Where do the children play … football training gets under way at Birchgrove Oval. Competition for sporting fields is becoming fierce as the number of players rises.MORE people are playing sport in Sydney than ever before but some are having difficulty finding somewhere to play. Councils are struggling to free up public space and competition for the use of sporting fields is causing tension.
The demand is likely to grow over the next decade. There are almost 30,000 more children aged under four in greater Sydney than in 2006, according to the latest census data. This age group has grown at a rate almost double the wider population.
In some of the most densely populated inner-city suburbs, local sport teams have to contend with other clubs and codes, as well as recreational users.
The latest figures from the Australian Sports Commission show one in five people over age 15 in NSW participate in physical activity once or twice a week.
In Leichhardt, the state’s fourth-most densely populated council, there has been an ongoing dispute over which football codes should have priority at Birchgrove Oval.
A local Labor councillor, Darcy Byrne, has been campaigning against the Greens council, which he says wants to give Australian rules priority over a local football club.
The decision was deferred at Tuesday’s council meeting, pending certified evidence of local AFL membership.
The mayor, Rochelle Porteous, said her council had tried to be as even-handed as possible.
”They have to be shared,” she said. ”There needs to be a fair distribution of sporting fields.”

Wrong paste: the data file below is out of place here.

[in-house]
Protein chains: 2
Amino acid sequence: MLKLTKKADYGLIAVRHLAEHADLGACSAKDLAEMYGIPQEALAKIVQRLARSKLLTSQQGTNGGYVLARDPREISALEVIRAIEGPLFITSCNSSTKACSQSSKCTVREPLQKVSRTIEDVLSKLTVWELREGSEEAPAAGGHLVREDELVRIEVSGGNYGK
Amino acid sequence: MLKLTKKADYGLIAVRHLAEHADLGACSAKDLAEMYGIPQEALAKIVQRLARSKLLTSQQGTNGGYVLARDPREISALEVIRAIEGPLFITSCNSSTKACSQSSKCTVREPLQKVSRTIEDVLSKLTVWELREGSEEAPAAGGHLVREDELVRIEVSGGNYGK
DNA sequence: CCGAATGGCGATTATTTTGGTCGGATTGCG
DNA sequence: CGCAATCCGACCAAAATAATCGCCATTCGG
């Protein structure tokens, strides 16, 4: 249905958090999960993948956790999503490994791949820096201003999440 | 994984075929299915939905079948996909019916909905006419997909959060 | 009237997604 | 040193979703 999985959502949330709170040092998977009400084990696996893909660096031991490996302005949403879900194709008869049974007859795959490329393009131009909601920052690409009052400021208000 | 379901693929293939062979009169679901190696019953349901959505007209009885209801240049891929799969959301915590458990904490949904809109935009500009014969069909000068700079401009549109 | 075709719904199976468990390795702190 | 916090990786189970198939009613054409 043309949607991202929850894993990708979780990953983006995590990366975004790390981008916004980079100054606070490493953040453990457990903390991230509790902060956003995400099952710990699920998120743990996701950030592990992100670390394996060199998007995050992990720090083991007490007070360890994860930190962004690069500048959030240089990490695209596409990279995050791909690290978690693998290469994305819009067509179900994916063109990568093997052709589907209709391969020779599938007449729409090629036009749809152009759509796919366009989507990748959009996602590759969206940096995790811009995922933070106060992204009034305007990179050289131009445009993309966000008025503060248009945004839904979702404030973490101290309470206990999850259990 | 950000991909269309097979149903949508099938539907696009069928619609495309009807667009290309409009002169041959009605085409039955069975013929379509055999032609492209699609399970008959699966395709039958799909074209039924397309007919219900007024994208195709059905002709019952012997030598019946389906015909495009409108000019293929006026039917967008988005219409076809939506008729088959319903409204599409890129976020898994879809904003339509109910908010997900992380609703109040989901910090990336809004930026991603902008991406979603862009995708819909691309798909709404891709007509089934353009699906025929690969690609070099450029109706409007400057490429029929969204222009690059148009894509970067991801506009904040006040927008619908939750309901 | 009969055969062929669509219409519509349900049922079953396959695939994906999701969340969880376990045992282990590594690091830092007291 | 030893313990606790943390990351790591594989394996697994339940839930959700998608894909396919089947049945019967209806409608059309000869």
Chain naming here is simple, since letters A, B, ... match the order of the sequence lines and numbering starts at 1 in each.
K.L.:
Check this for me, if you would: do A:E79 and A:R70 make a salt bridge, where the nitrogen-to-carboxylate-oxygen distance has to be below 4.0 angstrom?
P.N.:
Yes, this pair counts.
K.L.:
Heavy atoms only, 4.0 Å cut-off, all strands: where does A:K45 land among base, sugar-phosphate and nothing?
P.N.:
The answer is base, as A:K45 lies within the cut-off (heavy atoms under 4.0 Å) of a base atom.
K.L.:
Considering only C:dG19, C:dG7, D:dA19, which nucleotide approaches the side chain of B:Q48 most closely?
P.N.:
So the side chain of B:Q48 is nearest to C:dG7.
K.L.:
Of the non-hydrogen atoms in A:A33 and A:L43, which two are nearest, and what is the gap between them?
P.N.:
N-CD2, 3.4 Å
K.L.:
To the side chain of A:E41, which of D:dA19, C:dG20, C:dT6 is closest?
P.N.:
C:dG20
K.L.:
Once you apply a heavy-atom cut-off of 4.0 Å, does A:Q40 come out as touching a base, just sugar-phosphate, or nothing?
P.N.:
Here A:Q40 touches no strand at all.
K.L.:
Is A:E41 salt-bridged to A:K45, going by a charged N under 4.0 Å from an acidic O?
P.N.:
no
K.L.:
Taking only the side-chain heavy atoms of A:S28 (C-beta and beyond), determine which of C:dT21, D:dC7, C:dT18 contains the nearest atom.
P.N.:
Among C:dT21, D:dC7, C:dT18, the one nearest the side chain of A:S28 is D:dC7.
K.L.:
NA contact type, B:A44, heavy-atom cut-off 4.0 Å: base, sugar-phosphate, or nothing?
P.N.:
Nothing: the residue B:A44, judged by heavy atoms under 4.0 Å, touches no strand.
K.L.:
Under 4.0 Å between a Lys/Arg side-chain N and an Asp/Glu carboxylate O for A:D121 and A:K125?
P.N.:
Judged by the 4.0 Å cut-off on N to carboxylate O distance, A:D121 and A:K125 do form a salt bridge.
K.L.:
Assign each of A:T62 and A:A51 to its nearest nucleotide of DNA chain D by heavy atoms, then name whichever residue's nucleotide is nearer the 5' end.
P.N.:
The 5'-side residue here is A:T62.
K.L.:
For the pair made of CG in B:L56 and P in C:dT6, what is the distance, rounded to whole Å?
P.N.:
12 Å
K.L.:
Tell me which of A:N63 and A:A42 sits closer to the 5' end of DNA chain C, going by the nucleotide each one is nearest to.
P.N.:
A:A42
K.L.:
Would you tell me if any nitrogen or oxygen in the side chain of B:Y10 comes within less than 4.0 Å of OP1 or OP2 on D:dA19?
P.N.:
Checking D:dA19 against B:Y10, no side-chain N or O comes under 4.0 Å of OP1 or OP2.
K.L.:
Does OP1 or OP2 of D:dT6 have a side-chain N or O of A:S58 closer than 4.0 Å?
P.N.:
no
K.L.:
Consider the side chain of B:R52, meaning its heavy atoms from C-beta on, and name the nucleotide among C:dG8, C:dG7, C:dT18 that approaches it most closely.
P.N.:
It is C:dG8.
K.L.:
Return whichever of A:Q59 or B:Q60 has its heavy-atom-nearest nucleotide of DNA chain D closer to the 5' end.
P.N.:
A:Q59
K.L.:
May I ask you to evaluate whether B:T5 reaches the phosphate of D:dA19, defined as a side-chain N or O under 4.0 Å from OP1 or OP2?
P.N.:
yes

Councillor Byrne argues there is a sporting field crisis in the inner west and clubs are being pitted against each other. Local clubs from various codes have been lobbying the council to fund more grounds.
”Inner-city kids don’t have backyards, so increasing access to sporting fields, parks and playgrounds is critical for their health and wellbeing,” he said.
Last week, the mayor of Hornsby, Nick Berman, ejected someone from a council meeting for the first time in eight years after a ”big blow-up” about the potential use of a former pony club site.
Cr Berman has made freeing up public space a priority. The council recently bought the West Epping Panthers Bowling Club, which is expected to be converted into sporting facilities.
The main impediments to creating recreational space, he says, include red tape, costs and a lack of vision at state government level. “And the population is growing quicker than there is land that’s available to be used for recreation,” he said.
The NSW Sports Federation, which represents about 90 different organised sports, says a ”co-operative approach” is needed.
”It’s a shared resource and sports have to be very reasonable and co-operative rather than highly competitive,” the chief executive of the federation, Ross Turner, said.
”When this is all boiled down this is about physical activity, it’s about social cohesion and it’s about wellbeing.”
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